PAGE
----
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VOL. 38 | NO. 40 | Friday, October 3, 2014

Yoga, pilates provide workout options

By Joe Morris

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Aretha McKinney Blevins of Iyengar Yoga Center, center, assists Joyce Quirk during a yoga class.

-- Michelle Morrow | The Ledger

Whether it’s a desire to slim down in advance of holiday binging or a New Year’s resolution reboot, many people look at the fall as a good time to kick-start their exercise efforts.

For some, this just means dusting off that gym membership or home treadmill, getting back to spin class, lifting weights or whatever their preferred activity might be.

For others, the desire is to find something more easily incorporated into a busy daily routine.

That’s especially true of the 40-and-up crowd, which juggles hectic schedules that often don’t allow for a set exercise schedule.

This is where yoga and Pilates come in.

There are private studios for each in Nashville and around the Middle Tennessee area, as well as classes aplenty at the YMCA of Middle Tennessee and other fitness outlets.

From beginners to advanced classes, there are entry points for anyone with an interest, and once up to speed, practitioners can take their practices home, or on the road, as they see fit.

Aretha McKinney Blevins leads her class in a stretch.

-- Michelle Morrow | The Ledger

“I would recommend that a beginner to yoga approach it like they would any subject of study,” says Aretha McKinney Blevins, director of the lyengar Yoga Center of Nashville at 12South Yoga.

“If you are going to pick up an instrument, start with the basics. Learn those basic notes, and then learn how to play a melody. Start from the beginning.”

There are many different types of yoga, she notes, and so it’s worth doing some research ahead of seeking out a studio or a particular class.

“Find a place that offers a true beginner’s class,” Blevins says.

“An all-purpose, multi-level class is not always the best place to learn something new. With yoga, a person should learn some of the foundations and basics, and then they can build their practice from there.”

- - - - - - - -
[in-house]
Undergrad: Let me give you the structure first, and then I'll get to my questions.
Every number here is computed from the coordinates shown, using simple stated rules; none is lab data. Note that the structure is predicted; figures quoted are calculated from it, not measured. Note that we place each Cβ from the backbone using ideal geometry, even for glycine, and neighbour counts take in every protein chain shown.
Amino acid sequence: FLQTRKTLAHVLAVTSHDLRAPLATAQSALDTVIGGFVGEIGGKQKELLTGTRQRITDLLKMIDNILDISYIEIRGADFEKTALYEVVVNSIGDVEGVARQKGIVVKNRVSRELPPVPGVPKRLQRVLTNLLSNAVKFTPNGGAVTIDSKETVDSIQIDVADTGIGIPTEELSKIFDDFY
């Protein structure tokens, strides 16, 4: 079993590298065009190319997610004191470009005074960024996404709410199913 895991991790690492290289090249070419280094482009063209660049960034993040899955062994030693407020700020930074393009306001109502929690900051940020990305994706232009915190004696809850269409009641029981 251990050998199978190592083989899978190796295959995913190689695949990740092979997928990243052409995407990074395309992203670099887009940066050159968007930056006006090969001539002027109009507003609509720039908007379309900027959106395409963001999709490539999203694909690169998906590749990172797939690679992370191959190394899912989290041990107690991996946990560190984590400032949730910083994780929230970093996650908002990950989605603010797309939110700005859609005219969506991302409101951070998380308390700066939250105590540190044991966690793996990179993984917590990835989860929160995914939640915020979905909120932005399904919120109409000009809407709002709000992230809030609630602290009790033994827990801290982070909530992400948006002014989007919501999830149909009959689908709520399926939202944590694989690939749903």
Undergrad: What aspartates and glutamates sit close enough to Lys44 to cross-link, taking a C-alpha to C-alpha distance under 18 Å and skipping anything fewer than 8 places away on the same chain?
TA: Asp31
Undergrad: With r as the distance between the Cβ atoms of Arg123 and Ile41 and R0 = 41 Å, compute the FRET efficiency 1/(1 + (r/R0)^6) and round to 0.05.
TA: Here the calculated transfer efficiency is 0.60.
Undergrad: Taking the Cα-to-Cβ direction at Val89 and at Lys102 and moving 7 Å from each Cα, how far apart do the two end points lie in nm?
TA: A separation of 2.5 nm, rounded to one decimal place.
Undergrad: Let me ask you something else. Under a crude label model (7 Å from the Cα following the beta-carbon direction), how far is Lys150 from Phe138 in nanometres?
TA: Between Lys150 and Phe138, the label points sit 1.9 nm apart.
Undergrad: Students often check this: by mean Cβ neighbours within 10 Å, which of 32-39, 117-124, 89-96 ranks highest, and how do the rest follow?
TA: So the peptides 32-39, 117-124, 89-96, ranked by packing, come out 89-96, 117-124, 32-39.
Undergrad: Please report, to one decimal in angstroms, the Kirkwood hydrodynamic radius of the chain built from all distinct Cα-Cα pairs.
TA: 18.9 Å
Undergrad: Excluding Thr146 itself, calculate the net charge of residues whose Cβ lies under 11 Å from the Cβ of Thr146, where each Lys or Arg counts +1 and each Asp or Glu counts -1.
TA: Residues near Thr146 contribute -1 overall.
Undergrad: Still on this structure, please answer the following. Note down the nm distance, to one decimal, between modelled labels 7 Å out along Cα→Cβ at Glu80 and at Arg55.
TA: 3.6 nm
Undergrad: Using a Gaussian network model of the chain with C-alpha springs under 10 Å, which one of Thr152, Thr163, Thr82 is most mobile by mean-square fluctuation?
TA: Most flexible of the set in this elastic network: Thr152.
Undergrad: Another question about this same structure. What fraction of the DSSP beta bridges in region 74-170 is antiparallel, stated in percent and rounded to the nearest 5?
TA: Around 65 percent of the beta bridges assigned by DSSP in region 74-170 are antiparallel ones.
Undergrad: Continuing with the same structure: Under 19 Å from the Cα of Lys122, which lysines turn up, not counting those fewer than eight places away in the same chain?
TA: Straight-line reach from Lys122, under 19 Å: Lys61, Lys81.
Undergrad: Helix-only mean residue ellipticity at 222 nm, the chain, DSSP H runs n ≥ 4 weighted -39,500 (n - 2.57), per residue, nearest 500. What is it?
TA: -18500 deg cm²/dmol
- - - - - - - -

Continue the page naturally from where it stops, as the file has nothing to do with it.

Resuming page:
In addition to looking into specific exercise regimens, a person is also wise to figure out exactly what he or she wants out of the effort, adds Andrew Krichels, who teaches Pilates classes at the YMCA’s downtown branch and also operates his own studio, Creative Action, in East Nashville.

“I’ve been doing Pilates for 40 years, since I was a dancer in New York,” Krichels says.

“I got into it because I wanted to tighten and tone my body, and Pilates is a system of exercise that promotes stability, flexibility and strength. A lot of people, especially as they age, are looking for just those things as opposed to building muscle. There’s nothing wrong with Clydesdales, but we are building thoroughbreds.”

Many people who do Pilates also practice yoga, Krichels says, as there is some crossover in terms of shared poses and stretches. Both benefit an aging population, as well as younger adults, he says.

“I have a client who’s 87, and she doesn’t do a “little old lady” workout. She does a solid workout,” he says.

“This isn’t an ageist thing, but more about finding exercise that lets you figure out how your own body, your core, feels, and then working from that place out.

You are very much a participant in how this form of exercise happens.”

Custom tailoring is another reason many people gravitate to yoga and Pilates. While the poses and movement series are uniform, the order in which they can be done, as well as the length of time held and/or number of repetitions, can be tweaked to suit the individual’s overall health, flexibility or any number of other issues.

“There are lots of ways to do it differently,” Krichels says. “I have studied with people all over the country, and everybody has their own system. You study with different people, and you find what works.”

That, he says, is how one builds a lifelong practice.

“Do what you can do; not everybody can do it all,” he advises. “Look and listen. Don’t force your body, and don’t feel like you have to have the same range of motion as everyone else. It improves over time.”

Krichels and Blevins advocate asking plenty of questions early on.

“I like yoga because of the personal nature of the practice,” she says. “I was a runner, and found yoga to be unique because it exercises the whole body, and also puts the mind into a restful state.

“But it’s important to ask questions about poses, and methods, and to let the instructor know what you are hoping to gain. That will allow you, over time, to develop a yoga practice that will let you practice anywhere.”

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